Medicare cuts threaten viability of home health-care, agency operators say
As a director of Southwest Florida Home Care Inc., which serves clients in both Lee and Collier counties, Ryan anticipated Medicare reimbursement cuts, so he started reducing overhead expenses.
“We are using a lot of ‘as needed’ nurses,” he said. “We still have a couple of full-time employees. Basically it is getting more and more difficult to provide services and not lose money.”
The U.S. Centers for Medicare and Medicaid is reducing Medicare reimbursement by 3.7 percent starting Oct. 1 to home health-care agencies and proposes a 5 percent cut in 2012, according to the National Association for Home Care and Hospice.
An estimated 53 percent of the nation’s home health-care agencies will face a negative margin and not make any money with Medicare after a 5 percent cut, according to the Moran Group, consultants retained by the national home-care association to analyze the effects.
In Florida, where 2,300 home health-care agencies operate, the expectation is 46 percent of the agencies would face operating losses with Medicare.
In order to survive and reduce costs, some agencies will cut back on staff visits to patients, said Louise Stewart, one of the owners of AmeriCare Home Health Services Inc., which has clients in Lee and Collier. She serves as the agency’s care management administrator.
“Who’s going to pay the price? The patient,” Stewart said. “They won’t get the care they need and that is the challenge. It’s difficult and heartbreaking.”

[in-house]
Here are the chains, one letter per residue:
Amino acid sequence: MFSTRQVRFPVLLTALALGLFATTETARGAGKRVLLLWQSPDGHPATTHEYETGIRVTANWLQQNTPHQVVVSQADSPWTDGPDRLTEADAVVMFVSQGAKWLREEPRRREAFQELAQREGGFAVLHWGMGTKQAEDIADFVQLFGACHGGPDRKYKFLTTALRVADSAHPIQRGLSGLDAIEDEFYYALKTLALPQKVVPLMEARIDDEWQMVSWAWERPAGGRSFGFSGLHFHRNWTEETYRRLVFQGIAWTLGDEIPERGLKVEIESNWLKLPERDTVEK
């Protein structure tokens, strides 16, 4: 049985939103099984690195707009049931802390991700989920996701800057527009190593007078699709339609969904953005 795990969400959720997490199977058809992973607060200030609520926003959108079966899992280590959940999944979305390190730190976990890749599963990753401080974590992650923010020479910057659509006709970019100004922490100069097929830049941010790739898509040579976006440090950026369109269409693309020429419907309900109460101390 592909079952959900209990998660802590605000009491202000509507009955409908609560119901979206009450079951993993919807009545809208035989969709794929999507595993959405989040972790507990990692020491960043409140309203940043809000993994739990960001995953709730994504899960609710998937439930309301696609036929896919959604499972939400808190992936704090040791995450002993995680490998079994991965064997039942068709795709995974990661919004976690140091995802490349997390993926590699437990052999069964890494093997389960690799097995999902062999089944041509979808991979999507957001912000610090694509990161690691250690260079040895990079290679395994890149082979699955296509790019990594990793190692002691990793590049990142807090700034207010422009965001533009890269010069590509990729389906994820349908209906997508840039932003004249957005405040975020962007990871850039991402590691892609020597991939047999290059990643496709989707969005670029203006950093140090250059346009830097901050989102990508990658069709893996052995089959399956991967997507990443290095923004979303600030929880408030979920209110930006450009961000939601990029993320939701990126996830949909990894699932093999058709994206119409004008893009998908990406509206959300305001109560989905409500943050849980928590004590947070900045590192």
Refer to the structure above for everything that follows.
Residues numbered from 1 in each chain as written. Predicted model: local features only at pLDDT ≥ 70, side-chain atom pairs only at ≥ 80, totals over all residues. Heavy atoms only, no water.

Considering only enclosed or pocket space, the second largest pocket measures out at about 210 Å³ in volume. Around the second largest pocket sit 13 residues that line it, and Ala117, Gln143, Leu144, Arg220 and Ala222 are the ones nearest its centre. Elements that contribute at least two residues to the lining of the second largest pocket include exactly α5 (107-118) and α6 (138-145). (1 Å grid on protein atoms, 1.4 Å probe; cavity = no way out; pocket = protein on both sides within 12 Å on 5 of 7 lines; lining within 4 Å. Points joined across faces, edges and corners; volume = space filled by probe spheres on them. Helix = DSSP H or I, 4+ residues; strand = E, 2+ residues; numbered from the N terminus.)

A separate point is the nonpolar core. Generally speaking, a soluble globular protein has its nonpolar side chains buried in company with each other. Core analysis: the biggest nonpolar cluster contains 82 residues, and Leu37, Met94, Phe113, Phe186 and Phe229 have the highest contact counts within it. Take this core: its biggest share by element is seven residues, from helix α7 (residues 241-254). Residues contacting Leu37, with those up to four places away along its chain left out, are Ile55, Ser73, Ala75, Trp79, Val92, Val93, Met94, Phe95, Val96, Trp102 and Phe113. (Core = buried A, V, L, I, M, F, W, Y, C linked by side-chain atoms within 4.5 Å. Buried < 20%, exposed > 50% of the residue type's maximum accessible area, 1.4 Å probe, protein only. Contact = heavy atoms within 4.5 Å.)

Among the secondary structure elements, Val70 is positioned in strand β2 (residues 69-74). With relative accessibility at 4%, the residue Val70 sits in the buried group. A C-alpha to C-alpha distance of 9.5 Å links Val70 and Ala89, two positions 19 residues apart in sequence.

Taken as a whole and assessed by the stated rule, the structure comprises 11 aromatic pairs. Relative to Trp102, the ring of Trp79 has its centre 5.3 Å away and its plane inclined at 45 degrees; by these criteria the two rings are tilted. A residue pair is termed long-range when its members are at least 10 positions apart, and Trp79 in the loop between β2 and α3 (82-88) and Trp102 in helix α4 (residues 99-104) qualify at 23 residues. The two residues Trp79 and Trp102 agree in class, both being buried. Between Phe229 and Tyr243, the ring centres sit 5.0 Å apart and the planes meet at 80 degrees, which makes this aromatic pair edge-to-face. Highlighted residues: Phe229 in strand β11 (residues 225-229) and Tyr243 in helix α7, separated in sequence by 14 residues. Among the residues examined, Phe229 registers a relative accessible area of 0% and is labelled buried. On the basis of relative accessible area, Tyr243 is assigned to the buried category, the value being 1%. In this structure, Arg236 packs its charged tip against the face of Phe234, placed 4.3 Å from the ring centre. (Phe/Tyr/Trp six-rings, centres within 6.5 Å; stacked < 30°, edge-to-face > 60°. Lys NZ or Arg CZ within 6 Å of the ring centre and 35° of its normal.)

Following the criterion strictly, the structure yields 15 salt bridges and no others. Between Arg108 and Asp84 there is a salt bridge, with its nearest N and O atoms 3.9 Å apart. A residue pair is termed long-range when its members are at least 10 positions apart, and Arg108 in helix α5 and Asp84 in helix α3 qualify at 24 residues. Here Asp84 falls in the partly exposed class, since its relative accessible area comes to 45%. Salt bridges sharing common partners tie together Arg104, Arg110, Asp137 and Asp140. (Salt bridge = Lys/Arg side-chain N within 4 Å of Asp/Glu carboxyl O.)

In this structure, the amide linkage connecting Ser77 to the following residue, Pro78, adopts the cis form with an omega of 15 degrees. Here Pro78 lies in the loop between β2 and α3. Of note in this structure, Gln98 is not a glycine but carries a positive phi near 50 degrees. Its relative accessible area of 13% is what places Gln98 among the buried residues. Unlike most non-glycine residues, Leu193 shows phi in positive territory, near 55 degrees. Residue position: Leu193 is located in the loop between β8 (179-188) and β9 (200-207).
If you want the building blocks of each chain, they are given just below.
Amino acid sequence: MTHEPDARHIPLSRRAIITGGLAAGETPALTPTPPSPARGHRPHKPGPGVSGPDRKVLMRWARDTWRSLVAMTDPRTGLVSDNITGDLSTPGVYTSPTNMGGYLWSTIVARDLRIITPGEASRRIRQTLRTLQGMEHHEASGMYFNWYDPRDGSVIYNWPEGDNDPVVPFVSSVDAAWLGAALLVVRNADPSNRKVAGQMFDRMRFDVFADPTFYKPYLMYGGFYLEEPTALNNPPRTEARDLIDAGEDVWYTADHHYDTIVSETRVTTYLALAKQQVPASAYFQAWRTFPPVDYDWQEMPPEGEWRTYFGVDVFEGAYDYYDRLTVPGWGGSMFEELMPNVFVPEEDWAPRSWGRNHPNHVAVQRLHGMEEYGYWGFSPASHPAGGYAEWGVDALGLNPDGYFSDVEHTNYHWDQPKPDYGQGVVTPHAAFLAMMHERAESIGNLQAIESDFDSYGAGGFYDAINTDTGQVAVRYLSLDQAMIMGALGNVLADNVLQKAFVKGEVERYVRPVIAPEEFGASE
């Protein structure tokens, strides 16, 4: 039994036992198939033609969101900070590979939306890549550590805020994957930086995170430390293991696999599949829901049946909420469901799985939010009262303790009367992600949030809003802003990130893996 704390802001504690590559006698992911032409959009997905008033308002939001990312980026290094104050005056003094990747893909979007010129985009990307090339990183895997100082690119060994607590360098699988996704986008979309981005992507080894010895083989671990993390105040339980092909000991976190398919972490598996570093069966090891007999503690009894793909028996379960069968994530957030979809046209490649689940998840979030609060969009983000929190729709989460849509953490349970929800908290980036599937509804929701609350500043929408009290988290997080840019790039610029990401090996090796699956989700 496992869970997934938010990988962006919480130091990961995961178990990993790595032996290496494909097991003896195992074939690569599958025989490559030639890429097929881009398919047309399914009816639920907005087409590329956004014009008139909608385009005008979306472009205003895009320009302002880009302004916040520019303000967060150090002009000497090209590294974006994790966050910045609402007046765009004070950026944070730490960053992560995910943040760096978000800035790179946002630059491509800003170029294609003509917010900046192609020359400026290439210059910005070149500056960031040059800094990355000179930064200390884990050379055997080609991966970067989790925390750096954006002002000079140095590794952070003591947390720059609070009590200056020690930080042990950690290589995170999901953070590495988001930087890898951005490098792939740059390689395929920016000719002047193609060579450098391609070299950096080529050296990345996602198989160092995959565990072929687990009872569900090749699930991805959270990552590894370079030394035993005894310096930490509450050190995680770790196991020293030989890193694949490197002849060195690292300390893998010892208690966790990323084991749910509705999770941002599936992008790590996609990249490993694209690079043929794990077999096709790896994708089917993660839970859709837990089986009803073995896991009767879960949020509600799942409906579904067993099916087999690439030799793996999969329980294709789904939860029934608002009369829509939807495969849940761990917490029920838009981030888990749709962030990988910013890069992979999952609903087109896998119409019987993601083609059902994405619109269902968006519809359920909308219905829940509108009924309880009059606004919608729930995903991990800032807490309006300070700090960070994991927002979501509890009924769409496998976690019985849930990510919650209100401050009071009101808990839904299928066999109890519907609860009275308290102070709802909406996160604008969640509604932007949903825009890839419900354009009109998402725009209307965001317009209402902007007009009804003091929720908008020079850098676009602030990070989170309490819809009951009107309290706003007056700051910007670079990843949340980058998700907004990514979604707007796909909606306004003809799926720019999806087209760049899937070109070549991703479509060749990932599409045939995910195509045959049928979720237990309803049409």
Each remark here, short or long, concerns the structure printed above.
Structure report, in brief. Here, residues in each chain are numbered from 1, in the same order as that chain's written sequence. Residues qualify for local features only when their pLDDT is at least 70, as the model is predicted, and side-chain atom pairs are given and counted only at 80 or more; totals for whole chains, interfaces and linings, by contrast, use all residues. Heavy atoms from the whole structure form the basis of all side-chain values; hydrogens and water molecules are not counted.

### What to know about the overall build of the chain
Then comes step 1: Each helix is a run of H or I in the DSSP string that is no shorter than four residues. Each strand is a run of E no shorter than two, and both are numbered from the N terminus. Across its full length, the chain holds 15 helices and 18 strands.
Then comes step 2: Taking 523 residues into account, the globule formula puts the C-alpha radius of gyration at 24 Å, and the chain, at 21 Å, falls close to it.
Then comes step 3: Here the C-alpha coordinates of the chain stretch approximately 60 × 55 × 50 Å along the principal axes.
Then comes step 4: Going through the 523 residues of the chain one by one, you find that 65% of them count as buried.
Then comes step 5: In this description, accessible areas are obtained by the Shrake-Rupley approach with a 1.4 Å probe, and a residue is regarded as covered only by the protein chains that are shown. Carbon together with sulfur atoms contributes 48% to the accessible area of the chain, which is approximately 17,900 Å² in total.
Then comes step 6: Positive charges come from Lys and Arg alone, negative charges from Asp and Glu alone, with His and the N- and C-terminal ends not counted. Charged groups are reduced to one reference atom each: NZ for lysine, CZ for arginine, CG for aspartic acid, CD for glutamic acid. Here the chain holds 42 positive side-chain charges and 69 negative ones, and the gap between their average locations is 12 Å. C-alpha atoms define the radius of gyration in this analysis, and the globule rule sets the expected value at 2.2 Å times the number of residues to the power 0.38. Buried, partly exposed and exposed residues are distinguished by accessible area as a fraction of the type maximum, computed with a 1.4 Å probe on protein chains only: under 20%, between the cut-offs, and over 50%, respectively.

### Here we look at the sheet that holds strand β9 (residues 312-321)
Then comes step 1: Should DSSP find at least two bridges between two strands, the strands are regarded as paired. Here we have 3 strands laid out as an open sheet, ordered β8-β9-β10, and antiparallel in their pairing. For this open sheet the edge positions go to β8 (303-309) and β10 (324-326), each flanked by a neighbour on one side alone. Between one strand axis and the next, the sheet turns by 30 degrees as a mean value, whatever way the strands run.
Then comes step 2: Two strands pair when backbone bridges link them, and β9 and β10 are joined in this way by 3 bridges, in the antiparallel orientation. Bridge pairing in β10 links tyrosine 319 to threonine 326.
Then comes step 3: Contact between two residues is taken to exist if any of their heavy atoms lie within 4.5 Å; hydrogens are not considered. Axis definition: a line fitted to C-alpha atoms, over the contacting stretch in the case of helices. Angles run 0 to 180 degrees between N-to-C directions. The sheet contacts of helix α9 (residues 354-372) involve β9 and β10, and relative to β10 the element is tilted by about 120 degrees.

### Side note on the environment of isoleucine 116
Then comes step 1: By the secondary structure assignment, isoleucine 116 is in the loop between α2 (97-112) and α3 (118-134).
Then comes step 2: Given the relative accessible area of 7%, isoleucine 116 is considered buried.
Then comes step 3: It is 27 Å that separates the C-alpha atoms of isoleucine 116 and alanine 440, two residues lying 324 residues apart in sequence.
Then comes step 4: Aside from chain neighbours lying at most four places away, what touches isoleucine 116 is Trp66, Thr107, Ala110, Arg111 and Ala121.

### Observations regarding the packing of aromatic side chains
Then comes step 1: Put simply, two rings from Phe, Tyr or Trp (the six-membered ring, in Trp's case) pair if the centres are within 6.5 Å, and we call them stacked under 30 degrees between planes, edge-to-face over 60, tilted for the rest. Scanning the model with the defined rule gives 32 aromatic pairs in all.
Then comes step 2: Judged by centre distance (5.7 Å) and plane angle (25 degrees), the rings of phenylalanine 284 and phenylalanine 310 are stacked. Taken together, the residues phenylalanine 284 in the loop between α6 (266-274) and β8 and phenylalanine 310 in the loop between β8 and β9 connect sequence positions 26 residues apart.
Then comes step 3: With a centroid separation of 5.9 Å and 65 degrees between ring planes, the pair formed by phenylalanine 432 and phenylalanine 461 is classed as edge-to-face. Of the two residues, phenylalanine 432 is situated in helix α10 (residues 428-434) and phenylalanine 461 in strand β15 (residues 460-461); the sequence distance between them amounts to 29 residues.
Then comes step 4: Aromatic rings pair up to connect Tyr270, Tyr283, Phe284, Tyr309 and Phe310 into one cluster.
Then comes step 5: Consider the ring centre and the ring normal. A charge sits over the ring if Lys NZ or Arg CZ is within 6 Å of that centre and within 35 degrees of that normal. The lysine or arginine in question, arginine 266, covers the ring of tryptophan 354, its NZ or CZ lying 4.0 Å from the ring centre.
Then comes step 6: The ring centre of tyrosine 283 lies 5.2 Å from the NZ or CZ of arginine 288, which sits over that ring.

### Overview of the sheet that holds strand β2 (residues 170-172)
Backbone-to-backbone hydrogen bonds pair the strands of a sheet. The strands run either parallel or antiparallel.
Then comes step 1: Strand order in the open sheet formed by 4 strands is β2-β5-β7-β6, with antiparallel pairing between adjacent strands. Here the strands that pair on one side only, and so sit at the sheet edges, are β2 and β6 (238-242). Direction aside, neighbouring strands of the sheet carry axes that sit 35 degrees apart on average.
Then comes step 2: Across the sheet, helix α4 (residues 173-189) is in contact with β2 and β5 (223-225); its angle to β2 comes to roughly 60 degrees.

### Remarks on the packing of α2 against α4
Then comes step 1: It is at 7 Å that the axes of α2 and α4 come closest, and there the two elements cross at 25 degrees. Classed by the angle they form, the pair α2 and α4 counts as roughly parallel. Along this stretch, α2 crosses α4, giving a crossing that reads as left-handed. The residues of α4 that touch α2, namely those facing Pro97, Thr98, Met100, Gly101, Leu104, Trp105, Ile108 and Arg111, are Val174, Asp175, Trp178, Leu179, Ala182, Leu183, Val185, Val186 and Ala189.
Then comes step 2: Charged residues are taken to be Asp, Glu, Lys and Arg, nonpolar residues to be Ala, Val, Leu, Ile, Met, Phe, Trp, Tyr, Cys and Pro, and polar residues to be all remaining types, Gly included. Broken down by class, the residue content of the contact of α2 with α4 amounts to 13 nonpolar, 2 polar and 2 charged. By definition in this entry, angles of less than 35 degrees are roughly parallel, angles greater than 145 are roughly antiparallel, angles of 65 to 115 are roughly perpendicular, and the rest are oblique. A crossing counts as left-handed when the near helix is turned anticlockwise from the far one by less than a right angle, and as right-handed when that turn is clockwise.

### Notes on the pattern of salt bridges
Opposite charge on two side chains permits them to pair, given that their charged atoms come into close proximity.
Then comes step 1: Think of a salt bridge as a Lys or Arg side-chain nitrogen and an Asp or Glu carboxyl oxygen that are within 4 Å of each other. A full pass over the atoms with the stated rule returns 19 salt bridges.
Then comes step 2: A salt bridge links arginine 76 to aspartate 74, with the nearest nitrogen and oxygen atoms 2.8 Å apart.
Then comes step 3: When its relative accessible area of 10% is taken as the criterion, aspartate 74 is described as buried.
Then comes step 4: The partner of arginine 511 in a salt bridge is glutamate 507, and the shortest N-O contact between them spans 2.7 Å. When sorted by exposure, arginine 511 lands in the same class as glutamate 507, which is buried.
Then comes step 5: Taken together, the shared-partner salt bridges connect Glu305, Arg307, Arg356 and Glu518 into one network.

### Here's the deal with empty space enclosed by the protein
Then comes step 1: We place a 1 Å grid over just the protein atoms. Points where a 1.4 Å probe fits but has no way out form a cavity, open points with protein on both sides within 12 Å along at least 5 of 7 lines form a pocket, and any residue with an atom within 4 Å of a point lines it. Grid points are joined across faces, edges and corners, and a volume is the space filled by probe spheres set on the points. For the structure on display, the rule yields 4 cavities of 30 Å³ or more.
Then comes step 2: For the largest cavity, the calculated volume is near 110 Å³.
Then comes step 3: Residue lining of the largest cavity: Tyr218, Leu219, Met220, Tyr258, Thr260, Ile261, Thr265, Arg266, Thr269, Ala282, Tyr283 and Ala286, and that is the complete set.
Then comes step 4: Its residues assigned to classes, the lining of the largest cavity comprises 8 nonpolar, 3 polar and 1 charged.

Stewart said smaller agencies especially will be pinched and some will go out of business.
“(But) I think everyone is feeling it,” she said.
On top of the reimbursement cuts to the agencies, patients could face a $100 co-payment for each episode of home care they receive, except in instances when they are discharged from a hospital. A home health care episode is 60 days of services.
The co-pay is one of several of President Barrack Obama’s proposals to reduce health-care spending, submitted this past week to the House-Senate committee aiming to address the federal deficit.
The $100 co-pay would start in 2017 and would generate $400 million over 10 years. Another of Obama’s recommendations would be to increase by $25 the Part B deductible for physician visits, which would start in 2017 for some beneficiaries.
There hasn’t been a home health-care co-pay since the 1970s, said Kyle Simon, government affairs director for the Home Care Association of Florida.
The independent Medicare Payment Advisory Commission also recommends a co-payment of $150, he said.
“Who can afford that?” Stewart said. “They can hardly make their deductible payments.”
To avoid the co-payment, Medicare beneficiaries will say ‘no’ to home-care services and instead will rely on a spouse or other family member, Stewart said. Others will go without needed care and wind up in the hospital.
None of the proposed cuts are logical because people do much better at home in their recovery and it is less costly than care in a nursing home or hospital, said Ryan, who serves on the Florida home care association board.
“That is quite a lot for an out-of-pocket expense for elderly people,” he said.
Ryan said he has written letters to members of Congress in Southwest Florida about the proposed reimbursement cuts and co-payment to patients but his message fell on deaf ears.
“They sent a form letter explaining their position,” he said.
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